Investigators are raising concerns about persistent cracking in the turbine blades in SpaceX’s rocket engines, and adding to doubts about the schedule for flying NASA astronauts to the International Space Station.
The concerns are contained in a draft report being prepared by the Government Accountability Office, according to The Wall Street Journal. The Journal said its information came from government and industry officials familiar with the GAO’s study of SpaceX’s Falcon 9 rocket and its Merlin engines.
In response to today’s Journal article, SpaceX said it was working to resolve the turbine blade issue in cooperation with NASA.
“We have qualified our engines to be robust to turbine wheel cracks,” SpaceX spokesman John Taylor told GeekWire in an email. “However, we are modifying the design to avoid them altogether. This will be part of the final design iteration on Falcon 9. SpaceX has established a plan in partnership with NASA to qualify engines for manned spaceflight.”
The Journal quoted NASA’s acting administrator, Robert Lightfoot, as saying he thinks “we know how to fix” the issues relating to SpaceX’s turbopumps.
In a follow-up email, NASA spokeswoman Tabatha Thompson noted that the concerns about the turbopump cracks aren’t exactly new. “NASA previously identified concerns raised in the article, and briefed the Aerospace Safety Advisory Panel and other independent reviewers,” she said.
For example, a report issued by NASA’s Office of Inspector General last September said SpaceX was experiencing “ongoing issues with stress fractures in turbopumps that must be resolved” before it begins launching astronauts.
The draft report from the GAO, which is Congress’ investigative arm, also concluded that neither SpaceX nor the Boeing Co. is likely to conduct regular space taxi flights to the space station by 2018.
That echoes assessments from other analysts, including officials at NASA. In a procurement document issued last month, NASA said the two companies are “not expected to begin fully operational flights to the ISS until 2019.” The current schedule calls for crewed test flights to begin next year, but that timeline could slip.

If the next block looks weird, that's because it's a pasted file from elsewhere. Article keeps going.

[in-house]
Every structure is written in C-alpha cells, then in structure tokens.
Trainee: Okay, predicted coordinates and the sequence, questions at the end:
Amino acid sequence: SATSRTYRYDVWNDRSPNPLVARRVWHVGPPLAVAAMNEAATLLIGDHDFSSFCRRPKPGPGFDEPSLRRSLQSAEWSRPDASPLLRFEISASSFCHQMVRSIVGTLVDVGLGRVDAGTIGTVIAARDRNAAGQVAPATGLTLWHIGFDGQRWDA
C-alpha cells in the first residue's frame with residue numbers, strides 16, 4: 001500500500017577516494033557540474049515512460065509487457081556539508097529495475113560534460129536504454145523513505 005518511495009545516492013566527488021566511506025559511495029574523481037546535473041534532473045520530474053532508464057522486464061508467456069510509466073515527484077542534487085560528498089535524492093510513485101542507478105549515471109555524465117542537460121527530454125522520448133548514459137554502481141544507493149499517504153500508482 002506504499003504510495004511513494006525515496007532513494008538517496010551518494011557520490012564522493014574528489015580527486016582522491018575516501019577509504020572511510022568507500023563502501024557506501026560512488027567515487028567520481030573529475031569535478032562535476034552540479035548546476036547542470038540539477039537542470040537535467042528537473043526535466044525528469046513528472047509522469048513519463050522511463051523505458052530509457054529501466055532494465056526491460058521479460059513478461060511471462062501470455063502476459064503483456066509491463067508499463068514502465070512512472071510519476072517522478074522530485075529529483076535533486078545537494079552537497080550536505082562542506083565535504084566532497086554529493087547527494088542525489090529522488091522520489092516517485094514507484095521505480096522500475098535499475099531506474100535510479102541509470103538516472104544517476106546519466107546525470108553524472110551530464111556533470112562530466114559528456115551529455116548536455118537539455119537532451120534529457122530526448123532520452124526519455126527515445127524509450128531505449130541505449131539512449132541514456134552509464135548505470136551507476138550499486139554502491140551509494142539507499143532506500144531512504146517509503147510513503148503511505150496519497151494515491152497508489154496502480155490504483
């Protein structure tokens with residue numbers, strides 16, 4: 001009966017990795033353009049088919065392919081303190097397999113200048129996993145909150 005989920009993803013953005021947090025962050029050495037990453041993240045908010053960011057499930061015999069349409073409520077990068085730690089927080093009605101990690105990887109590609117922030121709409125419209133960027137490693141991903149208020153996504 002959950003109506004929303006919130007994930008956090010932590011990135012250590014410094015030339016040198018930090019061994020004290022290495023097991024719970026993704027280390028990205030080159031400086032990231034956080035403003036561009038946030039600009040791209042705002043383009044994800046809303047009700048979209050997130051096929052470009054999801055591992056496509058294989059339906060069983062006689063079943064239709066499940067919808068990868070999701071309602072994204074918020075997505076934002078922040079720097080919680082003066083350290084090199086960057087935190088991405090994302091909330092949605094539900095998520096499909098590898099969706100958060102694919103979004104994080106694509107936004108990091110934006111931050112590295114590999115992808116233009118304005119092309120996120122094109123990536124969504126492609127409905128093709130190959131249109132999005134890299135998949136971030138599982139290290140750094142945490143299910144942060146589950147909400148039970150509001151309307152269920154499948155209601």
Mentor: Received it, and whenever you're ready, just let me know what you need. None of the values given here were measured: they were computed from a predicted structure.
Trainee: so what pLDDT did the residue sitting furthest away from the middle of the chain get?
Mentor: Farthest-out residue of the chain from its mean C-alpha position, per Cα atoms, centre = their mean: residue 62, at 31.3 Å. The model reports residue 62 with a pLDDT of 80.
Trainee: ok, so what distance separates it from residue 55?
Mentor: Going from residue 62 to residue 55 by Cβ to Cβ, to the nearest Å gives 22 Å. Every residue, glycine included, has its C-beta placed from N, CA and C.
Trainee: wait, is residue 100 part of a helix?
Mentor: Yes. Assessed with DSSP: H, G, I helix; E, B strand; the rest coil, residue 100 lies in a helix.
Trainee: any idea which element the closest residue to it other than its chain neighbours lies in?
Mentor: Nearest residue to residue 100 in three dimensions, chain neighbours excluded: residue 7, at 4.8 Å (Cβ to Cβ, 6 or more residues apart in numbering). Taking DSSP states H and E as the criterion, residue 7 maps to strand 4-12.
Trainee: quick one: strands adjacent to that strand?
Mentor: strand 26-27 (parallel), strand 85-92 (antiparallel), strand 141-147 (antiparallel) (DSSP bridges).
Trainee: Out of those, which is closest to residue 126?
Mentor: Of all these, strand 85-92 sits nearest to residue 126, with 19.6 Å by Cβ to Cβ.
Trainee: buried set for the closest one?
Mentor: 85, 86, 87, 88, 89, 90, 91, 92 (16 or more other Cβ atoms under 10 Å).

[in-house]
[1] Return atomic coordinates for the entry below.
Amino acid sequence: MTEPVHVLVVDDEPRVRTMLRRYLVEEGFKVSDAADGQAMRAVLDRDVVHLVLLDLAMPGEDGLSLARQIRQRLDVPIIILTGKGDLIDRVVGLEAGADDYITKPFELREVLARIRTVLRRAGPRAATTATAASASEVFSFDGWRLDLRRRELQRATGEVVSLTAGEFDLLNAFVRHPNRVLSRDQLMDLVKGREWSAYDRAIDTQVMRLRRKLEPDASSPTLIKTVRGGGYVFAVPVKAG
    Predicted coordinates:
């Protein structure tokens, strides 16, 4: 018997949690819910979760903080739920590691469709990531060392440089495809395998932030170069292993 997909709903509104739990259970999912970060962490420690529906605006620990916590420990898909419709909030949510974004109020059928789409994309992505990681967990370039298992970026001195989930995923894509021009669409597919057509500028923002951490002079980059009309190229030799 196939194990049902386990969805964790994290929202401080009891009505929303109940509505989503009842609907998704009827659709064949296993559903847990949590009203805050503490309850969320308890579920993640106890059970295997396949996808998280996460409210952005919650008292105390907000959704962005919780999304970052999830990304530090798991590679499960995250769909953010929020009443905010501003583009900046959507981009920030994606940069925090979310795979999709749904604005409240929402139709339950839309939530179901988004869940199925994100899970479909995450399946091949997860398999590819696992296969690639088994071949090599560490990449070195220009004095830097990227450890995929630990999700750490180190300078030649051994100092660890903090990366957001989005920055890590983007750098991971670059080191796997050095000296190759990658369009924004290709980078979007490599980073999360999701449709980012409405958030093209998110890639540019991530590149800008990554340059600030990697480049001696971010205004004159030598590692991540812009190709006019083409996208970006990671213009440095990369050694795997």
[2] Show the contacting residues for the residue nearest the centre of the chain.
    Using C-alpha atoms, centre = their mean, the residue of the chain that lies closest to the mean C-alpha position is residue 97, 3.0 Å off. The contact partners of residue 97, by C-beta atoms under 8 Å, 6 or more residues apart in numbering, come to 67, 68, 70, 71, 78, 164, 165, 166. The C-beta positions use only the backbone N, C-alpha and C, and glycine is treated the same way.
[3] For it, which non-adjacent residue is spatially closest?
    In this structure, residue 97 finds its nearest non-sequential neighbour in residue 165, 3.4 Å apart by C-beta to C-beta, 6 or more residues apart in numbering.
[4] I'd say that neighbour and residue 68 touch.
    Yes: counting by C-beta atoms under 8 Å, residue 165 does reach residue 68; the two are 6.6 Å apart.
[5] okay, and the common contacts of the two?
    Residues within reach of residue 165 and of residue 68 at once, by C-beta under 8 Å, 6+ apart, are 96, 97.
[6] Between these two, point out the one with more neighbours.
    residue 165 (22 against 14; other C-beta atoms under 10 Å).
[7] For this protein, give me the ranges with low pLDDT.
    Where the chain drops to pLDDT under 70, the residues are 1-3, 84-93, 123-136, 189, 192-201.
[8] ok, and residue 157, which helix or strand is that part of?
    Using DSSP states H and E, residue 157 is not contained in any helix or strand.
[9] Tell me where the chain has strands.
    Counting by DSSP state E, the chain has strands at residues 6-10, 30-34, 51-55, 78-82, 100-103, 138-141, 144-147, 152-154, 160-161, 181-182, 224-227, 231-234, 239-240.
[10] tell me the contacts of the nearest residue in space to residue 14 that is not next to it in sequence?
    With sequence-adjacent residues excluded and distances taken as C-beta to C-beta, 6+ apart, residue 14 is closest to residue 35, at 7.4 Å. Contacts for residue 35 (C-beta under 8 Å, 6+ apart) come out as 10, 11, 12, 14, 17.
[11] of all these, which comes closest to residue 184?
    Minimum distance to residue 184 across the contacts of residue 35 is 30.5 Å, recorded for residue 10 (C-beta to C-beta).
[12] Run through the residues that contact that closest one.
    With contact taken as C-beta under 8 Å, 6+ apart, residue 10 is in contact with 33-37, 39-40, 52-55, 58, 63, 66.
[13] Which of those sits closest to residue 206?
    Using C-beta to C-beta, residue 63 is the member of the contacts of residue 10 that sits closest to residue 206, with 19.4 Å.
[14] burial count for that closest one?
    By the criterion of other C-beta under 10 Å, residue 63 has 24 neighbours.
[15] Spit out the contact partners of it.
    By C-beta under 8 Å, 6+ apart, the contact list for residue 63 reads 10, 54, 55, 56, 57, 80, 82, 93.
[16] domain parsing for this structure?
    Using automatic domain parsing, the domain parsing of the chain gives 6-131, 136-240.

The Journal said its sources pointed to frequent modifications in Falcon 9 boosters as a potential source of delays in NASA certification. The draft report also is said to raise questions about the status of parachute tests for Boeing’s CST-100 Starliner space taxi.
SpaceX’s turbopump issues are unrelated to the fuel tank problems that led to the loss of Falcon 9 rockets and their payloads in June 2015 and September 2016. Those setbacks forced a significant reshuffling of SpaceX’s launch schedule. The company executed its first successful liftoff in five months on Jan. 14, and it’s due to send an uncrewed Dragon cargo capsule to the space station in mid-February.
The Dragon resupply mission would mark the first space launch from Kennedy Space Center’s historic Launch Complex 39A since the end of the space shuttle era in 2011. Another Falcon 9 rocket is expected to put the EchoStar 23 communication satellite into orbit from Pad 39A later this month, but Taylor said SpaceX is still waiting for a launch license from the Federal Aviation Administration.
Check out the full report from The Wall Street Journal. This posting was updated at 10:12 a.m. PT Feb. 3 with further reaction from NASA.